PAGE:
The Governor, John Haverfield, and his wife Annie who acted as the matron, were very experienced. Born in 1831, Haverfield was appointed to Knutsford Gaol in 1854, and in 1865 he was appointed governor of the county prison at Flint, then transferring to Mold on its opening.  On closure of Mold in 1878, he was transferred to Carlisle, being promoted in 1884 to Preston, and in 1890 to Walton, where he died in service in 1893. One significant visit was that of Lord Chief Justice Bovill, who after inspecting the gaol made the following entry in the logbook: “I have visited the new gaol this day and have much pleasure in finding the building and all arrangements in a most satisfactory condition a great contrast with the old gaol (Flint) when I visited it on the 5th August 1868, and I beg to congratulate the Magistrates upon having successfully carried out so great and necessary improvement. With the opening of the new gaol the prison population declined such that Court of Quarter Sessions utilized the vacant cells by taking in military prisoners for which a charge was made, thereby making a profit for ratepayers.” Despite the low numbers Flintshire Quarter Sessions turned down an application by Chester City Council for some of their prisoners to be transferred to Mold. One magistrate, Mr Frost, remarked that this must be because our prisoners are kept in excellent style. We will return to the numbers shortly but, first of all, even with relatively small number of prisoners it was necessary to ensure they were correctly fed. As can be seen from the slide, items were put out to tender and by this time, it seems the rail link had been removed. Coal and coke prices had to include for cartage. Note the reference to toll gates. Every quarter, the Governor would report to the Quarter Sessions on prison numbers. In April 1872 he reported that 64 prisoners had been committed to the county gaol, while 65 had been discharged. The number in custody that morning was 18. The greatest number in gaol at any one time during the quarter had been 26, the least 14, and the average daily number, 21. In 1871, we discovered one woman from a notorious Chester family imprisoned with her baby. From one report we can also glean the regularity of some repeat offenders. Sixty per cent, of those in custody were known to have been previously committed to that or other prisons, 10 had been in gaol once before; 5 twice; 1 three times; 1 four times; 3 five times; 1 seven times; 1 nine times; 1 twelve times; and 1 sixteen times. Obviously some people never learned, although it is useful to bear in mind that failure to pay a fine for minor offences resulted in a gaol term. A review of these quarterly reports shows that in the period 1870-1875, the average number of prisoners was 28. During the years 1876 and 1877 the average was doubled due to the gaol taking in military prisoners. With the majority of the cells remaining empty it wasn’t long before our regular anonymous writer signing himself as ‘Rambler’ sent a letter to the local newspapers. His argument was based around Magistrates being unelected, but controlling large amounts of public finance and not subject to real public scrutiny and being extravagant on projects. “They complain about money being spent by School Boards to provide sufficient school accommodation out of the public rates is to be deprecated, but to provide twice the prison accommodation that is necessary is something to boast about. To build a school at the cost of £5 per accommodation is a robbery of the ratepayers; to build a gaol at a cost of £347 per cell, rebounds to the honour of those who accomplished the feat…. There is accommodation for 72 prisoners, accommodation required in this county is only 27 cells, so our magistrates have provided 45 more than they need have done. This means that £15,615 has been absolutely thrown away….” ‘Rambler’ would also have been less than impressed with escapes, particularly that of Joseph Ellis (17) and a deserter from the 22nd Regiment, John Brown. They appear to have loosened bricks or stones in their cells, to have put their arms through, and then used a piece of metal to unscrew the nails fastening the cell lock. After leaving the cell block, they got out through the chapel, women’s cells before climbing over the perimeter wall and going on the run. A reward of £10 was offered for their capture.  Magistrates were also less than impressed, and they attempted to claim expenses from the Architects for remedying the defective locks. The Architects declined to pay and the Clerk to the Quarter Sessions stated that they had no legal remedy but there was a moral claim!! Needless to say no recompense was forthcoming. Another escape was a piece of quick thinking on the part of a remand prisoner called George Woodvine. He was employed in wheeling earth into the garden. He threw the barrow down and ran towards the Fron, the Governor followed, but he proved himself too quick, and got clear away. Newspapers reported in February that there was no trace of him, including in his Shropshire home village of Welshampton.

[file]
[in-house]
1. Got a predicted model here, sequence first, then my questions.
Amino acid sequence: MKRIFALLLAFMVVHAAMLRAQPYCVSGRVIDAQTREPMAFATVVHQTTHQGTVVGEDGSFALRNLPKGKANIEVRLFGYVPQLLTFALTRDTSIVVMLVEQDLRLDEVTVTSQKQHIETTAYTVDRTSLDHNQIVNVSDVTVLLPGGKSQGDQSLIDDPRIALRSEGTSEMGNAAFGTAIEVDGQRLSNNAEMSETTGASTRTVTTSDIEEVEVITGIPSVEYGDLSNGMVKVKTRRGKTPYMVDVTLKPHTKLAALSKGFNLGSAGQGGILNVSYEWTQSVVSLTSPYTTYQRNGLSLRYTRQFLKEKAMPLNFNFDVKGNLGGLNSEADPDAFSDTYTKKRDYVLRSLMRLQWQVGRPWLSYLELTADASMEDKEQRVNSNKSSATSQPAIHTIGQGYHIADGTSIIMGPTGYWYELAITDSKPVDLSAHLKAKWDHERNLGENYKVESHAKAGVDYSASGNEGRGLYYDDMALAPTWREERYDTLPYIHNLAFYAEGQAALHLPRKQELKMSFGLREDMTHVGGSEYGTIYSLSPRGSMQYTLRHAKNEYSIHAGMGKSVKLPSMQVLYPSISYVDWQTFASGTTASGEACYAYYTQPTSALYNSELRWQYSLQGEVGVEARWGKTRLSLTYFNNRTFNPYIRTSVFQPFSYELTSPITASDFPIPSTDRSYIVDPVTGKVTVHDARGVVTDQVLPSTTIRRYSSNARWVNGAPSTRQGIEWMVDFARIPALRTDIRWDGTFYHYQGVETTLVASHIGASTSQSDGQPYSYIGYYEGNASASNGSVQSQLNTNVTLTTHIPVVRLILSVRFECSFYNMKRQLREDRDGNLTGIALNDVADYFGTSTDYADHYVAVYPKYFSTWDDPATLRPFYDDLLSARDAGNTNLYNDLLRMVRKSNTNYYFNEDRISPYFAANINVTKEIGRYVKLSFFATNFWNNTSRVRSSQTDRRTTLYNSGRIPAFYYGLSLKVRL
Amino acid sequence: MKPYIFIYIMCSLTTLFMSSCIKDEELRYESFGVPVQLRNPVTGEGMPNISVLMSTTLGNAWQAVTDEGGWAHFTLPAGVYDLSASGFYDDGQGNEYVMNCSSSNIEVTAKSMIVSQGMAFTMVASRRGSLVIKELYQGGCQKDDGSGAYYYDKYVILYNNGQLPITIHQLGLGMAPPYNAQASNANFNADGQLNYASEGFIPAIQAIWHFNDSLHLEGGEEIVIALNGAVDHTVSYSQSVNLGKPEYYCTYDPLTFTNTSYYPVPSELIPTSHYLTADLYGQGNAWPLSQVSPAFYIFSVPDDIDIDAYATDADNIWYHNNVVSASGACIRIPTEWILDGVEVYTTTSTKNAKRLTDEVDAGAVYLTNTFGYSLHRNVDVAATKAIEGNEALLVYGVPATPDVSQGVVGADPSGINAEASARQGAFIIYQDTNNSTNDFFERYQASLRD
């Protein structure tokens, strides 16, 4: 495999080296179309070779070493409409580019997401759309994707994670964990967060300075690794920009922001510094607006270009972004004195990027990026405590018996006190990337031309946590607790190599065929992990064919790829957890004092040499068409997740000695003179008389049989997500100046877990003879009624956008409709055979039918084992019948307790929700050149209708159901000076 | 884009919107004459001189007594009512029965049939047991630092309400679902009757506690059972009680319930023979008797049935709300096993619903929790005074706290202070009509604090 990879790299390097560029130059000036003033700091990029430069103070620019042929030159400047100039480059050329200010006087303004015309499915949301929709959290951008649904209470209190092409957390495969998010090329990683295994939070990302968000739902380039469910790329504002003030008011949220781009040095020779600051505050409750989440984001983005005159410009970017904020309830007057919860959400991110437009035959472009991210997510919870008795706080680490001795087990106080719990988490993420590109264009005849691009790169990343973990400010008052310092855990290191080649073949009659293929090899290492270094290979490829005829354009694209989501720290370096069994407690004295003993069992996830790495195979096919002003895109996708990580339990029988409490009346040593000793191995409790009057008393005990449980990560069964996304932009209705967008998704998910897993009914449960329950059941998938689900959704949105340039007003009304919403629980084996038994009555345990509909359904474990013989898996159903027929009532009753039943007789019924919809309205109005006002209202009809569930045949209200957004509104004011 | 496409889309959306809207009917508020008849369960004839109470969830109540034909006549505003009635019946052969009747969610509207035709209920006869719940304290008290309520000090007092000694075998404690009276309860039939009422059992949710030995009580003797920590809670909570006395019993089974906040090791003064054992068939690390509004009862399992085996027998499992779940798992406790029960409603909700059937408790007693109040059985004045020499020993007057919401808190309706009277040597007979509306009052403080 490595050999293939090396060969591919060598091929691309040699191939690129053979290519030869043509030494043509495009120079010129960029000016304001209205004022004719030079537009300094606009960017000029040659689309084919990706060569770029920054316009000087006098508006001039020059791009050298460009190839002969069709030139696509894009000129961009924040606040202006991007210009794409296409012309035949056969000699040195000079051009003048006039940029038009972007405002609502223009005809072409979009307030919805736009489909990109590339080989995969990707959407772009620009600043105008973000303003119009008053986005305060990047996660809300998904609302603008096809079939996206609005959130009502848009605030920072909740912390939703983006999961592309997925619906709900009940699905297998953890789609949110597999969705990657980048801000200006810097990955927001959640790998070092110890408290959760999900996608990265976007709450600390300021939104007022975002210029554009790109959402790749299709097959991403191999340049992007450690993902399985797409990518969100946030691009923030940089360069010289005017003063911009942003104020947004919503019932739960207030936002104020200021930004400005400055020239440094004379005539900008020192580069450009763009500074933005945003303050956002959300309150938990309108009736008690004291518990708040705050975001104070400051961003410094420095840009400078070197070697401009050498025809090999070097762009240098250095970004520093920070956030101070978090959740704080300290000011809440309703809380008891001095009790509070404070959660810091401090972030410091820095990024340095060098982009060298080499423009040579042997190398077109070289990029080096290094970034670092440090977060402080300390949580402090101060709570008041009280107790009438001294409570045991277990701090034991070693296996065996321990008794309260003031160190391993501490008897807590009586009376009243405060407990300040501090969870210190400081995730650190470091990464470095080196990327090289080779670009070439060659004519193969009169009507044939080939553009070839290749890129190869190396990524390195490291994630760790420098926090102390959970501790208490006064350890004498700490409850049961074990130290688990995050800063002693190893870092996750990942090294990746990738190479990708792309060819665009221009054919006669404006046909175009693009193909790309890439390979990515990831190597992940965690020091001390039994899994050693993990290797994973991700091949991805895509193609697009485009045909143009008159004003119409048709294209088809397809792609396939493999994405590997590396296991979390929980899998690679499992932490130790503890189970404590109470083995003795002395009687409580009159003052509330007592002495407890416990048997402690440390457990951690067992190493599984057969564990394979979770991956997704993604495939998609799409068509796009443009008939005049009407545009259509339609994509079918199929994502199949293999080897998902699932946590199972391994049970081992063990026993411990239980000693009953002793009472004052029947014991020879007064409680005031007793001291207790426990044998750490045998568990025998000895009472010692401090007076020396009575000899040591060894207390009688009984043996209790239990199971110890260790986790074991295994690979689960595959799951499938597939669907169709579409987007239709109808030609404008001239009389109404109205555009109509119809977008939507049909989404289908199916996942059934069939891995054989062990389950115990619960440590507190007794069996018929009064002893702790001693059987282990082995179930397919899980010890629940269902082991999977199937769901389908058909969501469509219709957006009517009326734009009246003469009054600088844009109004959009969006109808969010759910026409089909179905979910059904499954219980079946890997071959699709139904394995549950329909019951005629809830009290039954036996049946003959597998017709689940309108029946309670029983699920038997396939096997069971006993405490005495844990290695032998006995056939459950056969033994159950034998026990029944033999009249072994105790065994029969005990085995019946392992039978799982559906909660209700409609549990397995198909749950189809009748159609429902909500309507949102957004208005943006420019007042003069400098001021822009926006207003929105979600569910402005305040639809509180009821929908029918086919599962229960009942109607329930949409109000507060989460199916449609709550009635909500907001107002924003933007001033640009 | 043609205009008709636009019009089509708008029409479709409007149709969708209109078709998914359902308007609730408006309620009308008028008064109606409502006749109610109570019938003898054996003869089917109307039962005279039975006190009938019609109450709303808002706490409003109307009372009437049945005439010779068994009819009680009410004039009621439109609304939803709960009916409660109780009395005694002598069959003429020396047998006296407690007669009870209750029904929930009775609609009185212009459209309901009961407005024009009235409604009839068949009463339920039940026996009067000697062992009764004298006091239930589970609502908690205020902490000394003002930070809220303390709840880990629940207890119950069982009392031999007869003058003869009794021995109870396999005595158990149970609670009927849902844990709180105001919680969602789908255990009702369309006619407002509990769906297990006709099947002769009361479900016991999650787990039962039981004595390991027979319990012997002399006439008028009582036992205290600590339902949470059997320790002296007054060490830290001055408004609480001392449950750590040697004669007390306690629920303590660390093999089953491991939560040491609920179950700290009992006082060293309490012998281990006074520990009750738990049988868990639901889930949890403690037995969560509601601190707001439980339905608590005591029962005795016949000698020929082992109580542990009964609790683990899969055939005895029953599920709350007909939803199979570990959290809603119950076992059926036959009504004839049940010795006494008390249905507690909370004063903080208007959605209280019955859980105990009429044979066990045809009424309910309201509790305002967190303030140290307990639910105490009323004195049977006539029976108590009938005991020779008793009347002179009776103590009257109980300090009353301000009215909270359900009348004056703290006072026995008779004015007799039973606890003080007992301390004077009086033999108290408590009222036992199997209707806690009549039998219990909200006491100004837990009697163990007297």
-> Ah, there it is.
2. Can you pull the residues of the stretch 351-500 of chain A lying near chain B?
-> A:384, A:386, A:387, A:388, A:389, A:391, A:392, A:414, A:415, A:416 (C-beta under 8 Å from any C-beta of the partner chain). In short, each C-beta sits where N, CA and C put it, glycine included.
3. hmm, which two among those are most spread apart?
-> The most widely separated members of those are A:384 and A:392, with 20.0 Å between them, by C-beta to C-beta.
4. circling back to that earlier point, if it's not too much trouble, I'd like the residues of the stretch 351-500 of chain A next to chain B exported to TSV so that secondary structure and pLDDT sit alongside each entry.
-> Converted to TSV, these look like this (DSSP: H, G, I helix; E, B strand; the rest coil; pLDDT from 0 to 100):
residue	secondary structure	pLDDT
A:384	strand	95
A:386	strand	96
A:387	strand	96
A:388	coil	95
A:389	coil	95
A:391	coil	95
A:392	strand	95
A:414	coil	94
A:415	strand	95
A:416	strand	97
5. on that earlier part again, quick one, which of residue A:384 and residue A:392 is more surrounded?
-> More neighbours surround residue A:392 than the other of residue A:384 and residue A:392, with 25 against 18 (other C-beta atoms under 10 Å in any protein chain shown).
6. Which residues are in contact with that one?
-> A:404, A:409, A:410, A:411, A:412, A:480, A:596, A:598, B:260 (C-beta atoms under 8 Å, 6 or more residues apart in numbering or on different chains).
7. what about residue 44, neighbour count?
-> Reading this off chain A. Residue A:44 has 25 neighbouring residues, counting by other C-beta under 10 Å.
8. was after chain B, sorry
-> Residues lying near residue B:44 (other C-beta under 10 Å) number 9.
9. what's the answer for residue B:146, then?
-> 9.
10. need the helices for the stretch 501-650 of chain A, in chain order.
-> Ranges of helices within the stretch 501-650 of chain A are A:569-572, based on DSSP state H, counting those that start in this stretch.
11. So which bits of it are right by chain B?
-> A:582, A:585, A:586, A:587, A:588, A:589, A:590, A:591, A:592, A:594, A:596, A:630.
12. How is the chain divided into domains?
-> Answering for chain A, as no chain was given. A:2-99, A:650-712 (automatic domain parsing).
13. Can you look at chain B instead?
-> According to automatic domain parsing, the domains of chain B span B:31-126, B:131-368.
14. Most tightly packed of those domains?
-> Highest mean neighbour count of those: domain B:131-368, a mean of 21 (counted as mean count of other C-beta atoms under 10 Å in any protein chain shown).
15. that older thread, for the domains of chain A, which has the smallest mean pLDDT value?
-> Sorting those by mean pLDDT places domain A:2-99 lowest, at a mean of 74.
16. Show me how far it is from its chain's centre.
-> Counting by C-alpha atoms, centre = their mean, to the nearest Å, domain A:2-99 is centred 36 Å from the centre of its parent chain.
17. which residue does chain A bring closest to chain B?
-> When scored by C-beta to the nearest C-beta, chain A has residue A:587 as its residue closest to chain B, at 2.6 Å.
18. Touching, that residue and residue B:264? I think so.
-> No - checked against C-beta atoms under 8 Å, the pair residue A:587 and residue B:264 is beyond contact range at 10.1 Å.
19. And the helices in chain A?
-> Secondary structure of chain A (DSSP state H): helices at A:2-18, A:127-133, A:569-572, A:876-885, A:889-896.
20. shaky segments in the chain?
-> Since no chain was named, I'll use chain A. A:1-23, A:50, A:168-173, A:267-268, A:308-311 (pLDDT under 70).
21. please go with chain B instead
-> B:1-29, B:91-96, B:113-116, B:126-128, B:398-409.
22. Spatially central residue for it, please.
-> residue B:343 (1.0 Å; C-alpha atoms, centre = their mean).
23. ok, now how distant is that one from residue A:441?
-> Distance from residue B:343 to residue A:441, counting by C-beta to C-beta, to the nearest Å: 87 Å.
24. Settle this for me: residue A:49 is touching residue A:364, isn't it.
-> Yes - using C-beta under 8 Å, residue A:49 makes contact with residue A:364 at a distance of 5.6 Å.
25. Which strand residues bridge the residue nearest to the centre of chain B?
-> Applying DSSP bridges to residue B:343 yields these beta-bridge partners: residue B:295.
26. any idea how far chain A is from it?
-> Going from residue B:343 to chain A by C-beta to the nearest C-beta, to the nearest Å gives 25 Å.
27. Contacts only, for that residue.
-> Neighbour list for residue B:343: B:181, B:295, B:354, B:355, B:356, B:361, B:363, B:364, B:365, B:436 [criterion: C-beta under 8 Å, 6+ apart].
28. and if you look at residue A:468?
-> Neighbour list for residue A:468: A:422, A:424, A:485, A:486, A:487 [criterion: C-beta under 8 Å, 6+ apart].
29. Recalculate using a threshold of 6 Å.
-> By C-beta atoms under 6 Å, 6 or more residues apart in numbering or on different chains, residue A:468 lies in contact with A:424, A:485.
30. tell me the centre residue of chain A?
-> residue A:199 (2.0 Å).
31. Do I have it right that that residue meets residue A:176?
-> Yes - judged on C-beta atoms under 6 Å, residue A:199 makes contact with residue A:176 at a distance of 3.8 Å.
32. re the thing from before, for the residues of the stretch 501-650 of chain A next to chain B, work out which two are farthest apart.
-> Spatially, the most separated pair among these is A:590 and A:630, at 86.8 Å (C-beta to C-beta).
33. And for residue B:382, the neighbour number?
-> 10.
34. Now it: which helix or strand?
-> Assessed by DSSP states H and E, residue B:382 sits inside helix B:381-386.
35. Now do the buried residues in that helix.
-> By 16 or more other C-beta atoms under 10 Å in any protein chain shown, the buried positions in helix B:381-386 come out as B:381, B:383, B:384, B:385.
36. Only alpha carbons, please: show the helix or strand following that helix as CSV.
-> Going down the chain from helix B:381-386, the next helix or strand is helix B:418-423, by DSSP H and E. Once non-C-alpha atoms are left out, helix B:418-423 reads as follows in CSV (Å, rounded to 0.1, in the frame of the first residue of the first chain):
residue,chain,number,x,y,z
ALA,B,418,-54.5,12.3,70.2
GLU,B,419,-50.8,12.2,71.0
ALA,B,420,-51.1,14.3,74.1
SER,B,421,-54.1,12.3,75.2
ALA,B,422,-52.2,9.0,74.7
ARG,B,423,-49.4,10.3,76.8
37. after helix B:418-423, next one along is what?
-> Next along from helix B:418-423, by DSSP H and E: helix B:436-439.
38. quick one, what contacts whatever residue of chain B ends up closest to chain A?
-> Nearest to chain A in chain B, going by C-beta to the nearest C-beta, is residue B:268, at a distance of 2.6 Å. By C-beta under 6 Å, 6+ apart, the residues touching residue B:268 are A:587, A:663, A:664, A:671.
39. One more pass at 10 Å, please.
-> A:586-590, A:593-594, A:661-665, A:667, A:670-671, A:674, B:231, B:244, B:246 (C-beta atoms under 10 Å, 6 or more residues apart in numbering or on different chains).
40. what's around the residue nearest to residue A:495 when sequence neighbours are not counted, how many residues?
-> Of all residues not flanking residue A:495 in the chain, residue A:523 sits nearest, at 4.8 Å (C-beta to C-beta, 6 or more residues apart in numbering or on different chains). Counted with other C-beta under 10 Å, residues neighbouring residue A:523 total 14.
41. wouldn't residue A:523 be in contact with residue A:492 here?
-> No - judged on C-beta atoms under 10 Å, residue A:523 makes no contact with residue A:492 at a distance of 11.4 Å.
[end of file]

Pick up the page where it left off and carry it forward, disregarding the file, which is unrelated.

This is also a time when religious adherence was considered important and if the gaol was like prisons I researched for my Mold Riots Aftermath pamphlet, then attendance at services in the gaol chapel, by prisoners, was more or less compulsory. The gaol had its own chaplain, Rev. Thomas Davies, and who was paid £50 for his services, this was increased to £65 when military prisoners were held during 1876 and 1877. An uplift was also given to the Governor of £20, with the proviso that an average daily number of military prisoners confined was a minimum of 15. However, one issue that did arise was the question of services for Roman Catholics. It appeared that as the chapel had not been consecrated, other religious denominations could make use of the building. Permission to use the chapel was also subject to one condition ‘that any symbols or accessories distinctive of that denomination should be removed as soon as the service was over.’ A Roman Catholic Chaplain was appointed at a salary of £10 per annum, and his request for an increase, made three times, was rejected by the Gaol Committee.